Accelerator has lured another high-profile investor into the fold. The Seattle-based biotech startup incubator has collected about $4.5 million from PPD, the global contract research organization that runs clinical trials and animal tests for pharmaceutical companies.
PPD’s founder and CEO, Fred Eshelman, will join the Accelerator board of directors as part of the deal. The investment gives Acclerator a total of $27 million in its third fund, which initially closed in August 2007. The investor group includes Amgen Ventures, Arch Venture Partners, OVP Venture Partners, Alexandria Real Estate Equities, WRF Capital, as well as PPD. By adding the new injection of capital, Accelerator will have cash to invest in one or maybe two more companies, and another year of fuel before it raises a fourth fund in 2010 or 2011, says president Carl Weissman.
Landing PPD as part of the investor syndicate is a score for Accelerator, because the new investor is one of the biggest success stories in pharmaceuticals that few people have ever heard of. This Wilmington, NC-based company (NASDAQ: PPDI), founded by Eshelman in 1985, has capitalized on two powerful forces in the pharmaceutical business—the growth in clinical trials, and the outsourcing of this complex work over the past 20 years. It has more than 10,000 employees in 33 countries, and a market value of $2.7 billion. It ranks among the big three contract research organizations in the U.S. with Covance and Quintiles.
For Accelerator, the outfit adds a missing element of expertise by helping carry promising ideas from the lab bench into well-executed human and animal trials, Weissman says. For PPD, this will let it put its finger on the pulse of some of the hottest technologies in biotech, and possibly get in on the ground floor by providing contract services as the technologies grow up.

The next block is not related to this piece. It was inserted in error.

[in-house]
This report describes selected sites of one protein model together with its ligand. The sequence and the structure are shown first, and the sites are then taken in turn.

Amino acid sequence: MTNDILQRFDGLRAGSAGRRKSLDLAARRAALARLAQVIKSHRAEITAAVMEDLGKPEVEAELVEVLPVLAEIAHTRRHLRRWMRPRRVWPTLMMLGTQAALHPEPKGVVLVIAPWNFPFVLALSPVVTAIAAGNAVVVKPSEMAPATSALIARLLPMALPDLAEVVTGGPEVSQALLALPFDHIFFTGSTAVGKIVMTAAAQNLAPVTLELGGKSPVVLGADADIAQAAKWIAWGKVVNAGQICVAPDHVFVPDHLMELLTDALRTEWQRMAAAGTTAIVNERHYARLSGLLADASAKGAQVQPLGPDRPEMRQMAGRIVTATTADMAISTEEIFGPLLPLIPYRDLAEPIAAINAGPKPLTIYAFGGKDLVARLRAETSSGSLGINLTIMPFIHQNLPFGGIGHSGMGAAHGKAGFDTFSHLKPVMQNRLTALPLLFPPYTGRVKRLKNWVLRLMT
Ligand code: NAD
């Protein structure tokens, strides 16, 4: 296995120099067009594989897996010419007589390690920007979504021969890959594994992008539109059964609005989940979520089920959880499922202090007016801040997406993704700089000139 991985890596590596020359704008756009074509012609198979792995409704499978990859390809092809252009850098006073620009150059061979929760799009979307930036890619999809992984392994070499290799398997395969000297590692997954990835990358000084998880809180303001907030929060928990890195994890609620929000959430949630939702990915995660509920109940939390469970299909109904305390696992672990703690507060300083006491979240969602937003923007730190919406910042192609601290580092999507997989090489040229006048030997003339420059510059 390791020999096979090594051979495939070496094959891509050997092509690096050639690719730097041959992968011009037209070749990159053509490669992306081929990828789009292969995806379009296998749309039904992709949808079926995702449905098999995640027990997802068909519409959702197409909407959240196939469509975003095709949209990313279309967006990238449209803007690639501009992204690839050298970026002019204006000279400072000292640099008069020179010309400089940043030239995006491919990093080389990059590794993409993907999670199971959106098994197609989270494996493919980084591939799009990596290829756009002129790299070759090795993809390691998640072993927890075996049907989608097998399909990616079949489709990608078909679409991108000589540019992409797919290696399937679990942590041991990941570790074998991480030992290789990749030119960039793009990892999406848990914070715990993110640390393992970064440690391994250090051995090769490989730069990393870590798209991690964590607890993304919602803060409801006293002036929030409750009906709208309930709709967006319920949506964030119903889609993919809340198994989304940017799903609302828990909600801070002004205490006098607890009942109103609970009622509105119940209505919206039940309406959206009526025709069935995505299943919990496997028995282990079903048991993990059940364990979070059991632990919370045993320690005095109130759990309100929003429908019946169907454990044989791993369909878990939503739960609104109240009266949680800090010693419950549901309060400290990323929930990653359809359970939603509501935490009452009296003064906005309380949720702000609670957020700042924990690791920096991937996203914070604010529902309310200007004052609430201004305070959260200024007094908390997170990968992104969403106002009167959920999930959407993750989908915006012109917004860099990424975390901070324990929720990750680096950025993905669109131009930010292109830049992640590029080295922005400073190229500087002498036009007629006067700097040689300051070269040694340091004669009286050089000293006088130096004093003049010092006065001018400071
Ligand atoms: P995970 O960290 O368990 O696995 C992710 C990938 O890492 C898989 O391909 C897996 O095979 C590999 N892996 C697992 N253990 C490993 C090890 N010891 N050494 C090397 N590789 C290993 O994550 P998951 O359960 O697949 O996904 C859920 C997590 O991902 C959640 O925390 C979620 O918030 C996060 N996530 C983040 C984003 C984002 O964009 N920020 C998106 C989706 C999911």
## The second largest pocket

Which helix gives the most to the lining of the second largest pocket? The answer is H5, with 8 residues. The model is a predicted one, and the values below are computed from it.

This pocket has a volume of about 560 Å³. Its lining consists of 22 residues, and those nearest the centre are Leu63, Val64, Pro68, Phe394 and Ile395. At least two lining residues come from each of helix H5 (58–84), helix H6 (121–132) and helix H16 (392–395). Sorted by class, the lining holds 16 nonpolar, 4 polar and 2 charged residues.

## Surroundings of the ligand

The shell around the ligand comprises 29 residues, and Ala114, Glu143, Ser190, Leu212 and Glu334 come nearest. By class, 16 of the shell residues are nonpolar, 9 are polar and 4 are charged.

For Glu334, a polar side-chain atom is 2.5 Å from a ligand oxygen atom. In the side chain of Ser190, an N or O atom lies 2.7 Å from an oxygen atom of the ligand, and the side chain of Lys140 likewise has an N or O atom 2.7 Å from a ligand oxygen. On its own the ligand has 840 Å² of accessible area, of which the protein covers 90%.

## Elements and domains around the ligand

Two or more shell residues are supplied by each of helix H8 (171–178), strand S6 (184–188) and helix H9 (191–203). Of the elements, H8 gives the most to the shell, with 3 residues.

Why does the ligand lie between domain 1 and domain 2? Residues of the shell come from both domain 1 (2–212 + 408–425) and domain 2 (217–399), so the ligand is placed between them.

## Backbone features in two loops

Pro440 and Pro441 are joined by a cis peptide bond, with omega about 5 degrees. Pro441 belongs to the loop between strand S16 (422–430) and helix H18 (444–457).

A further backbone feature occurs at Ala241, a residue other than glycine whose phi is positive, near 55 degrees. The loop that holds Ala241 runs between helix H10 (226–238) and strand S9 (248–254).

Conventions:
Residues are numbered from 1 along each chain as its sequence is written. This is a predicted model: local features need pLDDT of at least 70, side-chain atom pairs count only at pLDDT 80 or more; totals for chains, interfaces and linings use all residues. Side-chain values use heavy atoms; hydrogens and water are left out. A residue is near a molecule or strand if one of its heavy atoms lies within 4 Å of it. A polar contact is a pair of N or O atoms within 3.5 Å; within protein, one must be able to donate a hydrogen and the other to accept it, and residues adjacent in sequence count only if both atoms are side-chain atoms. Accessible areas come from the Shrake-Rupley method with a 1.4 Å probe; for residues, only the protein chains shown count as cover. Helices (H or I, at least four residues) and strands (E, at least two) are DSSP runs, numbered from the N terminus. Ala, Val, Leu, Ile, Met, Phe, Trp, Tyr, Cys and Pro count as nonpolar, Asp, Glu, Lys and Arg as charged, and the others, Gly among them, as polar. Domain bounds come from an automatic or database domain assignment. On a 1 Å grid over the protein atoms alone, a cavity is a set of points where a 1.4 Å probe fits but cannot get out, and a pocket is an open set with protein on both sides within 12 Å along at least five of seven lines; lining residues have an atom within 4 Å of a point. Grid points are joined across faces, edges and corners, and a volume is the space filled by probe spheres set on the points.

“Expertise like theirs is tough to come by, even if you have the money,” says David Schubert, Accelerator’s chief business officer. “We can now tap that infrastructure early on, and we can do it at the highest level of the organization.”
Accelerator wasn’t out shaking the bushes for cash when this opportunity presented itself, Schubert says. He met Nancy Zeleniak, PPD’s global head of venture relations, last year at Invest Northwest, the Washington Biotechnology & Biomedical Association’s annual investor conference. “We got to talking, and we spoke each other’s language,” Schubert says.
Since its founding in 2003, Accelerator has drawn attention for nurturing nine early-stage biotech companies that countered the prevailing trend of venture capitalists betting on late-stage product candidates. Three of the companies—VLST, Spaltudaq, and Allozyne—have gone on to raise a combined $114 million in subsequent venture rounds to build them up into bigger companies.
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